How Do You Test For a Dog Food Allergy?

Think your dog is allergic to her dinner?

You may be right. A dog food allergy affects about 20% of pets.

Veterinarian Dr. Andrew Jones says dog allergies are one of the most common problems in his office.

One reason is because lot of pets are on the same food for years. Animals need variety in their diets to get a healthy mix of nutrients.

But, even if you change your pet's food on a regular basis, that may not be enough.

You have to know what to look for on the pet food label.

Compare brands and make sure the ingredients are different. It’ll do no good to feed the same ingredients but with a different brand.

dog food

What To Look For On the Dog Food Label

One of the first ingredients should be meat based.

Look for a named protein source like beef, chicken, fish or other meat.

Not “meat”--that’s not specific enough.

You don’t want to feed your furry friend waste products from the processing plant’s floor.

Look for “chicken meal” or another species specific meal to supplement the whole protein source. This will ensure your pet is getting a high level of protein.

Vegetables and fruits are good for your dog just as they’re good for you and I. Complex carbohydrates will give him energy and important nutrients.

There are lots of protein rich dog foods on the market today.

You can try your pet on salmon and sweet potatoes or venison. Try different protein sources. See what your pet likes and thrives on.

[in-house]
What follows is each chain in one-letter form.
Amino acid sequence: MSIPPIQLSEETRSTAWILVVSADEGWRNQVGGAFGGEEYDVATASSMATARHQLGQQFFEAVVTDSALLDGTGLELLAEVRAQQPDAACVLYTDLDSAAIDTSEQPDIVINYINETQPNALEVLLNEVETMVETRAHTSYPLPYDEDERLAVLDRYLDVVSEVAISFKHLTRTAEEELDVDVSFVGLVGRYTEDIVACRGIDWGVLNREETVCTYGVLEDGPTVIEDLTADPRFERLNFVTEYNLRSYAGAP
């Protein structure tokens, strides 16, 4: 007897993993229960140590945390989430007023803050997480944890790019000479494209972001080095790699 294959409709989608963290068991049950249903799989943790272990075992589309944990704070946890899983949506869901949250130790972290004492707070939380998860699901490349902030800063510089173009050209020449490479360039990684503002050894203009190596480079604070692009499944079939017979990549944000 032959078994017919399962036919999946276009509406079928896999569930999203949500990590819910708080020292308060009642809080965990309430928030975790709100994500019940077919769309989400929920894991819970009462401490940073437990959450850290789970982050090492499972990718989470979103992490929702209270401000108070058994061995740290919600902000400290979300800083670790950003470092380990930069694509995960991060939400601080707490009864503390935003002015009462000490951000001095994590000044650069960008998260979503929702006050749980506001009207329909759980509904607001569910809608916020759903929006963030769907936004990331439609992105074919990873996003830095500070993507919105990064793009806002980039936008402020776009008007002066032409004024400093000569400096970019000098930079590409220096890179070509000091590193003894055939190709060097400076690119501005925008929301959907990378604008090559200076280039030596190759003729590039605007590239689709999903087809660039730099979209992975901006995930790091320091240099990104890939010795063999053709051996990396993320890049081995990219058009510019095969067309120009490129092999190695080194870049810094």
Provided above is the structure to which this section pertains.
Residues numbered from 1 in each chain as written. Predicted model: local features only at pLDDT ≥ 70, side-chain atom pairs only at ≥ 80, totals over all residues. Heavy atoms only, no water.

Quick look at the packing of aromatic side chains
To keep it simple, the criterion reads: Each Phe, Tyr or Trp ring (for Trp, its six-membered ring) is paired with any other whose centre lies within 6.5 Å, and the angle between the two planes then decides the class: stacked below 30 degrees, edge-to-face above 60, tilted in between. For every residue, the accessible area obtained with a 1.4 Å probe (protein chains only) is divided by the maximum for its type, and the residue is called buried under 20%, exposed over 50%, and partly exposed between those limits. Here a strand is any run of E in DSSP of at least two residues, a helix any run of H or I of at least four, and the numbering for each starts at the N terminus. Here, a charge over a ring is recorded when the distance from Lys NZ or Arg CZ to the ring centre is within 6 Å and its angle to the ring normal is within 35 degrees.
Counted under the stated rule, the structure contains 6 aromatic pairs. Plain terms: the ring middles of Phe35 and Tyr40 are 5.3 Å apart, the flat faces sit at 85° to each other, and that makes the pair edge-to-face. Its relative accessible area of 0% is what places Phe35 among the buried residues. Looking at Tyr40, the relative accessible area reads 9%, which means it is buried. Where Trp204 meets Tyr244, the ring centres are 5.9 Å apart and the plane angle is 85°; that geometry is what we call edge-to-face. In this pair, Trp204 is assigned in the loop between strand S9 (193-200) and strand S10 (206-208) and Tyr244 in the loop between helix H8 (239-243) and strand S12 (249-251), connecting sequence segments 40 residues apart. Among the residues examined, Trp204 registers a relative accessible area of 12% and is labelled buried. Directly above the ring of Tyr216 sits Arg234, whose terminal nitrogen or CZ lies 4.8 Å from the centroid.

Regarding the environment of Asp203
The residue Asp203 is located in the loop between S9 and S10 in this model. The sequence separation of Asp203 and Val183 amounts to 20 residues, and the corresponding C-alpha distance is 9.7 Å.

What to Avoid

Skip unnamed protein sources like “meat”, “animal by-products” and “meal”.

These can be feathers, ground up diseased animal parts and other gross things that should be thrown out but often end up in some low-quality pet food.

Be wary of foods high in corn and wheat.

These are cheap fillers. And pets are starting to become allergic to them. Some dogs have eaten so much of these that it’s built up in their systems and is now making them sick.

Dogs can be allergic to anything.

I’ve heard of dogs allergic to oats, milk, soy, chicken and more.


How to Isolate a Dog Food Allergy

Take notes, write down the foods you’re feeding.

Buy a one or two week supply of different foods.

Feed one and see if you notice any changes. Then feed another. Again, write down the specifics.

During this time you’ll need to make sure your pet isn’t getting and treats or other foods!

I know, this can be difficult.

Especially if you have a family who love to treat Max.

Talk with your family members.

Let them know this is a temporary measure and it’s so Lucy can feel better all the time.

If you change the food a couple of times and your pet is still scratching his leg off you may not have a dog food allergy on your hands.

Maybe it's not a dog food allergy

Tried everything and don't know where to go from here?

See what veterinarian Dr. Andrew Jones recommends.

Home Diets for Dogs and Cats

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